A Working Mum
Celebrities and the media can often give us the (dubious) impression that the modern woman is able to do it all, with the likes of Victoria Beckham, Angelina Jolie and Madonna seeming to balance hands-on child rearing with hugely successful careers - all without a hair falling out of place.
Only 50 years ago it was rare to find a woman attempting to combine both of these roles. Instead, once she had her first child, a woman’s career usually ended and she would become primarily a mother and homemaker. It was the duty of the husband to work and provide for the family while his wife stayed at home.
The feminist movement has certainly brought about some drastic social changes - as these superwoman celebs might suggest - however, many areas of the media have continued to promote traditional roles, so that it can seem as though little has changed.
The BBC published an article yesterday asking if a family could live off an income of £40,000.
According to the BBC, £40,000 is the average income for a British family where both adults are working (Office for National Statistics) and according to the statistics 30% of UK households also own 2 cars or more!
According to Alvin Hall, financial expert, "£40,000 sounds like a lot of money, you think 'my god I'm earning £40,000' but you're not really after tax. Apparently you need to have priorities to live off £40,000!
The 2011 Family Spending Survey shows that households are spending the largest proportion of their income on transport, rent, fuel and power, and recreation and culture.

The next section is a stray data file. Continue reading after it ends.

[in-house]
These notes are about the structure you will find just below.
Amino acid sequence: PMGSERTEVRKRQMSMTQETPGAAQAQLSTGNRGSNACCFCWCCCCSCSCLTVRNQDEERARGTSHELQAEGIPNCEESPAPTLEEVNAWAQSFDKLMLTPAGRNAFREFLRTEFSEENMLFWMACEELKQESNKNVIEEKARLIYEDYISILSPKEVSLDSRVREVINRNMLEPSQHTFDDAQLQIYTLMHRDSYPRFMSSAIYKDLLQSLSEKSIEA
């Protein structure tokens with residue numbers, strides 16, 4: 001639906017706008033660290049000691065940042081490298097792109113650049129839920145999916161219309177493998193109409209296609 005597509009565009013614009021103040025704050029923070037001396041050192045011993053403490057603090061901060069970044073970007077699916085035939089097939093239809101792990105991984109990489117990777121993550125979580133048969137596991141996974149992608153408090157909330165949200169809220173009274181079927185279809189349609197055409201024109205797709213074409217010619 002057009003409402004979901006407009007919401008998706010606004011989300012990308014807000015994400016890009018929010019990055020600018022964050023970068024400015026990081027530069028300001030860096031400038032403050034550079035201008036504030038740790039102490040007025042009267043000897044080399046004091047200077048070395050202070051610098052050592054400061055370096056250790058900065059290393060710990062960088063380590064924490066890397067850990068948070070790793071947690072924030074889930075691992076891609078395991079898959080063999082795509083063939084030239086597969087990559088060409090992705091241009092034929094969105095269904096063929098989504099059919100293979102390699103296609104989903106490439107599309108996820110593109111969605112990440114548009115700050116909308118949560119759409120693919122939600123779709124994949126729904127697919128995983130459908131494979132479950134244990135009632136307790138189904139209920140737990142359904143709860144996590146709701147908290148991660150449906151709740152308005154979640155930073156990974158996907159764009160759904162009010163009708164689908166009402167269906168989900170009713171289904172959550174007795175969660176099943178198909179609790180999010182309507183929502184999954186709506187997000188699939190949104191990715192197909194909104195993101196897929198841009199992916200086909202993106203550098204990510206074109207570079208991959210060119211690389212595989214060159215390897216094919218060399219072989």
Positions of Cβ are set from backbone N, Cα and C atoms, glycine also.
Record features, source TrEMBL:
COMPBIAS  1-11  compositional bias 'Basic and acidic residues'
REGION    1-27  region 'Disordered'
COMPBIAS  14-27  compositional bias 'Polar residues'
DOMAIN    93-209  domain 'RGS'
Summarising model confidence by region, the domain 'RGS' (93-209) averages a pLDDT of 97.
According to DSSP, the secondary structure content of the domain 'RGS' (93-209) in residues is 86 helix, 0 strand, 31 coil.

When you become a parent you want to remember and capture every moment of your children's lives.
We've taken sooooooooo many photographs of our little lad so far, and he's only eighteen months old. I love looking back over them, especially as you forget how small they were when they're first born.
We had gone along to a two year olds birthday party today, our little lad's first party invite, and he loved it! It was held in an indoor play area and the highlight of the party for him was the ball swamp area.
We had taken along our camera hoping to capture some special moments from the party not realising that the taking of photographs and videos was prohibited in the play areas.
Parents are failing to put enough fruit and veg into their children's packed lunches, health experts have warned.
The School Food Trust, which examined 3,500 packed lunches in England in 2009, says about 40% of lunchboxes do not contain any fruit or vegetables, compared with 10% of school dinners.
It said parents should consider switching to school meals.
Meanwhile, the World Cancer Research Fund has set up a website to give parents advice on healthier lunchboxes.
Could crib bumpers possibly be banned due to safety concerns?
Many experts say bumpers can suffocate babies if their heads get near the padded crib guards and they can’t move away, or if baby gets wedged between a bumper and the mattress. But as long as retailers offer bumpers parents will keep on buying them, despite the possible risks.
Chicago has recently became the first city in the States to ban the sale of bumpers with a unanimous vote.